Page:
If you look at a lot of children's portraiture, you'll probably notice a popular look that is the signature of quite a few photographers, namely natural light, shallow depth of field, and an airy, soft, and vibrant retouch. This awesome and comprehensive tutorial will show you how to replicate that look in your own work.
It's easy to get caught up in thinking of only photographically intended accessories when trying to expand your creativity and as a byproduct, getting locked into paying photography accessory prices. However, with a little imagination, some very cheap items can make for inspiring and fun portraits.
I hate having my pictures taken. It’s common, but still ironic, to have a photographer who dislikes being on the other side of a camera. This fall, I made a promise to my wife that we would have our family photos taken and I was able to experience the entire process of hiring and working with a photographer. It wasn’t my intention to treat this as a learning opportunity, but now that all is said and done, I can say that I have learned a lot. Experiencing the client’s perspective, watching another professional operate, and the renewed perspective gained for what a photo is worth are among many things I came away with from our session.
When you get in the video world, you soon realize that editing can go pretty far, but it’s not as easy as Photoshop. It tends to take more time to get to a decent result, and a tremendous patience to achieve perfection. In this short tutorial, Steve from MiesnerMedia shows us how to smooth out skin in our videos using DaVinci Resolve 14.
Beginning the journey of learning to be a photographer is overwhelming. If you have no background in photography, you are learning a whole new world of terms and techniques from an abundance of information that is often confusing and conflicting. We’ve all been there. Most experienced photographers can often pinpoint common themes when comparing their own experience starting out with others who are now doing the same.
In a showdown of competing presidential (and vice-presidential) photographers, the White House released new official portraits of President Donald Trump and Vice President Mike Pence on Tuesday. The two portraits were shot by two different photographers, and it’s evident in the style of each photo. The question is, which photographer did it better?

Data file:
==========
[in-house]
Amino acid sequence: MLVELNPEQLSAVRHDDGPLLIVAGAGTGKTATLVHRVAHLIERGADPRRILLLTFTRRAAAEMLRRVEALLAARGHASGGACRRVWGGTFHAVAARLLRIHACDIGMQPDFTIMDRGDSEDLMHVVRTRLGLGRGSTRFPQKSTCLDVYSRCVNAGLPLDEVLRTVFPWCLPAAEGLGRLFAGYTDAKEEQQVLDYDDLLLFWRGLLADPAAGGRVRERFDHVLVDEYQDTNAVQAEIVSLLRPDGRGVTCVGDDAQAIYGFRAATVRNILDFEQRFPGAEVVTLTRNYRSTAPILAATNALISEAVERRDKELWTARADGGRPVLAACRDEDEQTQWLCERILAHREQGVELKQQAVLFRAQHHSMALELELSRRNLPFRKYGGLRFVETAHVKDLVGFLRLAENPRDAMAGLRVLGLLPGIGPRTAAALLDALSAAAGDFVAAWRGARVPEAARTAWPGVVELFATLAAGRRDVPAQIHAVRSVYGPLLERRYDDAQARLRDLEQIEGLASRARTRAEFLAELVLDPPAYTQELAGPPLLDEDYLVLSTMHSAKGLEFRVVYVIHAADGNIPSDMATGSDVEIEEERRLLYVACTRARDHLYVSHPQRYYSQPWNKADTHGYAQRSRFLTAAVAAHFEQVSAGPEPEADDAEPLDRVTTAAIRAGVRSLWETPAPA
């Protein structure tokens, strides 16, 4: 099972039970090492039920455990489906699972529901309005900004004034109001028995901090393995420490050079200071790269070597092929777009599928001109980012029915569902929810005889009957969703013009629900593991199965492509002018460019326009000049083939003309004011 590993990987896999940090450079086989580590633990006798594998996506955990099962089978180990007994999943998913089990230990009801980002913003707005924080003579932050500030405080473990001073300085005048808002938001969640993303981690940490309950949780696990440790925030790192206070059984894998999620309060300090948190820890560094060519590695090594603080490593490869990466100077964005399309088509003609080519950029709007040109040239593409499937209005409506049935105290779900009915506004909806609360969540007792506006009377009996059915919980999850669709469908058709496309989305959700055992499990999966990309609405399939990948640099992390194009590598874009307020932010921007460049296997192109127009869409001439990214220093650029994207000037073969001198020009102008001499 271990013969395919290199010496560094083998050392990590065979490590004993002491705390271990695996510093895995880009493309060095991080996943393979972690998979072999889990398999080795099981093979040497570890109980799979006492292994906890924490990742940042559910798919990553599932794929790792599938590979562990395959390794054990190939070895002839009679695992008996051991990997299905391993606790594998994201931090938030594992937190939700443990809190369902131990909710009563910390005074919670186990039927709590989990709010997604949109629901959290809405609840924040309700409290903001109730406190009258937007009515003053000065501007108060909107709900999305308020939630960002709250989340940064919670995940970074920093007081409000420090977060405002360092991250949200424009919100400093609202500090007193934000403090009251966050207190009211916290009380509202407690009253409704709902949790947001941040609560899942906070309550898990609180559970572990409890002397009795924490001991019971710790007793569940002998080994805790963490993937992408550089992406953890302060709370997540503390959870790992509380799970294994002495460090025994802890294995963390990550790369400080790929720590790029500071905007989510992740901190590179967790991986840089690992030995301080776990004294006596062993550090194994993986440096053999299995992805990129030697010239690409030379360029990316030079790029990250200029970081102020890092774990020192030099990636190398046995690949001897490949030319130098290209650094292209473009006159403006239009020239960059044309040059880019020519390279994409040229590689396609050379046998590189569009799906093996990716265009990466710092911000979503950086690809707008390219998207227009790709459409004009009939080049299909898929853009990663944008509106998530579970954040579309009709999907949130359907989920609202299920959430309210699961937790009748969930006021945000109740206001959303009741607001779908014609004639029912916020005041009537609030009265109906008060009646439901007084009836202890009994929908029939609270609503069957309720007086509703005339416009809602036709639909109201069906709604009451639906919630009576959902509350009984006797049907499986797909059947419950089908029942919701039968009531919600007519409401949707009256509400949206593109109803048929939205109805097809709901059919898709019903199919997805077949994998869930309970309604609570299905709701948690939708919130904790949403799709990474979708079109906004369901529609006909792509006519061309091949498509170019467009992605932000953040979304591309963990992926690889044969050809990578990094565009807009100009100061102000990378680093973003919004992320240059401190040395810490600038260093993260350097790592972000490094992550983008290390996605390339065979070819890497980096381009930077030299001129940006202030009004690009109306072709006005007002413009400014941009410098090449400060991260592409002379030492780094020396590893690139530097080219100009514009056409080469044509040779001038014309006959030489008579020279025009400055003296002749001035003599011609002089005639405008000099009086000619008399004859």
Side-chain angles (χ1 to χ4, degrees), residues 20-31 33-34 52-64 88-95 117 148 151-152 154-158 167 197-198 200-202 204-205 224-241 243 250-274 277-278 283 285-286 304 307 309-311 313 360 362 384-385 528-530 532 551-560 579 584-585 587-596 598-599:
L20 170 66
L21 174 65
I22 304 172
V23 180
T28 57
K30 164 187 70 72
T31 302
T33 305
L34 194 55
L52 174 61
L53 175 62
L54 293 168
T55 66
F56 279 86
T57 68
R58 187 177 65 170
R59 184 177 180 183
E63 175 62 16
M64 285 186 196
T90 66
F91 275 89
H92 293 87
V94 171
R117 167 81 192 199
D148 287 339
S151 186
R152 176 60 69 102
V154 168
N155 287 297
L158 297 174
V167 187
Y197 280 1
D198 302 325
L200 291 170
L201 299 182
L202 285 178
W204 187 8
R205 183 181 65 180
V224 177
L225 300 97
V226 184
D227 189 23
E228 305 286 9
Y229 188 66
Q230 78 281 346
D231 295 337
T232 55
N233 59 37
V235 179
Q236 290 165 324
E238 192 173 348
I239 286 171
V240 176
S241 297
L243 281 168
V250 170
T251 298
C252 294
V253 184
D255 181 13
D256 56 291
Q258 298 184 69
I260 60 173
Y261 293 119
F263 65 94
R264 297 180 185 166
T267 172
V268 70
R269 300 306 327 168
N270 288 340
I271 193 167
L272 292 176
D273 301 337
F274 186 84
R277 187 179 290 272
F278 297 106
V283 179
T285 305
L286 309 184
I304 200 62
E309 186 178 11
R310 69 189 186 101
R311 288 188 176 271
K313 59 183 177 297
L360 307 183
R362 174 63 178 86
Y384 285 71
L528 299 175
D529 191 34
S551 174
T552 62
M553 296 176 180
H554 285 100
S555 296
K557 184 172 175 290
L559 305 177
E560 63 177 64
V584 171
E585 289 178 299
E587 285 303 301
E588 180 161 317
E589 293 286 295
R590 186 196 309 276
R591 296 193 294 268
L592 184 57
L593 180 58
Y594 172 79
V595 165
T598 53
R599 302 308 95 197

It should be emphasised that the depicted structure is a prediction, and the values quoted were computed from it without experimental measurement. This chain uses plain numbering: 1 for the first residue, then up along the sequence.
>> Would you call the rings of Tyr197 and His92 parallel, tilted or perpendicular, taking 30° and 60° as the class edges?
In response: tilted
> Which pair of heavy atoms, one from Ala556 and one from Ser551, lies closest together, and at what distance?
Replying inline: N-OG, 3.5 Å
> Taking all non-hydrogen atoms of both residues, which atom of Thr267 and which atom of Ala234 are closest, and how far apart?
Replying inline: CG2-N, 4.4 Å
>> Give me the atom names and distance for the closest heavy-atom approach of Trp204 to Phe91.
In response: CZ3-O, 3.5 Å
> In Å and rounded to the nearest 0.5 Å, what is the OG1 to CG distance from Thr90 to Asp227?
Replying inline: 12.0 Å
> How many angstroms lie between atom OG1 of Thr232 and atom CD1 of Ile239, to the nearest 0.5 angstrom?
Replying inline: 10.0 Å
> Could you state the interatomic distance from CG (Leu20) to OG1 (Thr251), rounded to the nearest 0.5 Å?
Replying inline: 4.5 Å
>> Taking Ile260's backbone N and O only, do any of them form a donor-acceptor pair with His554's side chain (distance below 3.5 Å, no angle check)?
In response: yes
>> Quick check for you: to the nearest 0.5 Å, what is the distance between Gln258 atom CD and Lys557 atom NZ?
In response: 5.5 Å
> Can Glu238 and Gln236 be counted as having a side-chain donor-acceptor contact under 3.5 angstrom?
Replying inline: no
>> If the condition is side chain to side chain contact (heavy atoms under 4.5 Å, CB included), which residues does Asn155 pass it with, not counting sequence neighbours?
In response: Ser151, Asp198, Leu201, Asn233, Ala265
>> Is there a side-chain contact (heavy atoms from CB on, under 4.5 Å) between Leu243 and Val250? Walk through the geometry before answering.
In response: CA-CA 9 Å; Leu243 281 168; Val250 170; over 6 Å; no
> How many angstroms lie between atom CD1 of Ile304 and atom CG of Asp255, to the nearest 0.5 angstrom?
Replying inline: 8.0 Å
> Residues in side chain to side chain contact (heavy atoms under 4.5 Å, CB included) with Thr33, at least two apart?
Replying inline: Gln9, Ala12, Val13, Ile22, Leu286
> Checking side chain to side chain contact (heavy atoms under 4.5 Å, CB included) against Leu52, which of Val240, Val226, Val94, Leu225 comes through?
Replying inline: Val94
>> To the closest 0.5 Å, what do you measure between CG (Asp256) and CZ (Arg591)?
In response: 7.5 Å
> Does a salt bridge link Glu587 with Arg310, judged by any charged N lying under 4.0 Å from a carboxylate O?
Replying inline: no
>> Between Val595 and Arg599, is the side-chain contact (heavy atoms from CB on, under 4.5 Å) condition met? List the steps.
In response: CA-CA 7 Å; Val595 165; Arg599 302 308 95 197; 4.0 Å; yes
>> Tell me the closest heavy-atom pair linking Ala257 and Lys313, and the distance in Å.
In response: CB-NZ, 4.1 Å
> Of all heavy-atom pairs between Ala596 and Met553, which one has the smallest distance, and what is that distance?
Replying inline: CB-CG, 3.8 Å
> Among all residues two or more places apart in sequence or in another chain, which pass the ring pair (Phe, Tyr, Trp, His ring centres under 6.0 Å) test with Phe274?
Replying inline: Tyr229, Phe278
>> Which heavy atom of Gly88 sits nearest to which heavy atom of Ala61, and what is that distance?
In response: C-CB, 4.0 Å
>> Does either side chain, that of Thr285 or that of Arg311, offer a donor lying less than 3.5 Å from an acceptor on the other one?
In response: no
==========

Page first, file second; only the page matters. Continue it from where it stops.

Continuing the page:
Each and every photographer has their own unique way of working with models, cameras, and light. It’s something that clearly shows through in the series Jessica Kobeissi has developed in which different photographers shoot the same model. In the most recent episode, she brought Dani Diamond and Brandon Woelfel back for a new shoot, but this time they added a few obstacles to make the challenge more fun.
I often wish I could’ve been a fly on the wall when directors like Steven Spielberg pitched "Back to the Future," or when Ridley Scott said he wanted to direct "Blade Runner." It’s just a super way to see how the masters get the go-ahead from the producers. Often it’s just your personality that resonates with the person, or perhaps you have a great skill that people know you for. The portrait of Steve Jobs that was used for the cover of his biography as well as for the Apple website from the day he died was taken by Albert Watson. In this video, he gives us an idea of what it was like to shoot one if the world’s most well-known tech leaders.
One of the best things about window light is that you can find it almost anywhere. As winter approaches and chilly weather threatens to keep photo sessions indoors, photographers will face the choice of how to light their portraits. Strobes and flashes are a great option, but not all photographers own them. Almost everyone has access to a window though, and a window has plenty to offer any photographer who knows how to use it.
Photographer and Fstoppers alum Limor Garfinkle has been working on a very interesting project for the last two years: designing and shooting portraits of comedians that show off their unique personalities. Now, the project is ready for its gallery premiere at the TBS Comedy Hub as part of the New York Comedy Festival, with the proceeds benefiting the Mount Sinai Division of ADHD and Learning Disorders. Fstoppers recently interviewed her about the process and fun experience of shooting these portraits.
As a photographer, working with children can be incredibly challenging at times, but it can also be just as much fun. I have found that there is no real secret behind taking great shots of kids, but rather it comes down to how you navigate interacting with each child while on the shoot. The range of personalities that kids will display is incredibly diverse, this means that it is unlikely that you will be able to interact with any given child the same way that you did with another. This also means that it will be really easy to capture very unique shots on every single shoot.
As a wedding photographer, outdoor couple shoots are undoubtedly my favorites. On the big day, it gets overwhelming with little scope to get planned shots. We tend to go with the flow. For this reason, outdoor couple shoots are a treat to any photographer as it offers a lot of time and space. Here are my two cents on how to make your outdoor couple shoot an enjoyable and a memorable one.
Perhaps a better question to ask is: “Why am I a photographer?” In recent months, I feel like I've completely lost touch with why I became a photographer. Don’t get me wrong, I absolutely love what I do, but sometimes I forget why. When I was first starting out as a photographer and all of my shoots were “just for fun,” it was easy to see why I enjoyed it. After all, there were no consequences if I screwed something up, and I looked at photography as more of an escape from reality than a job.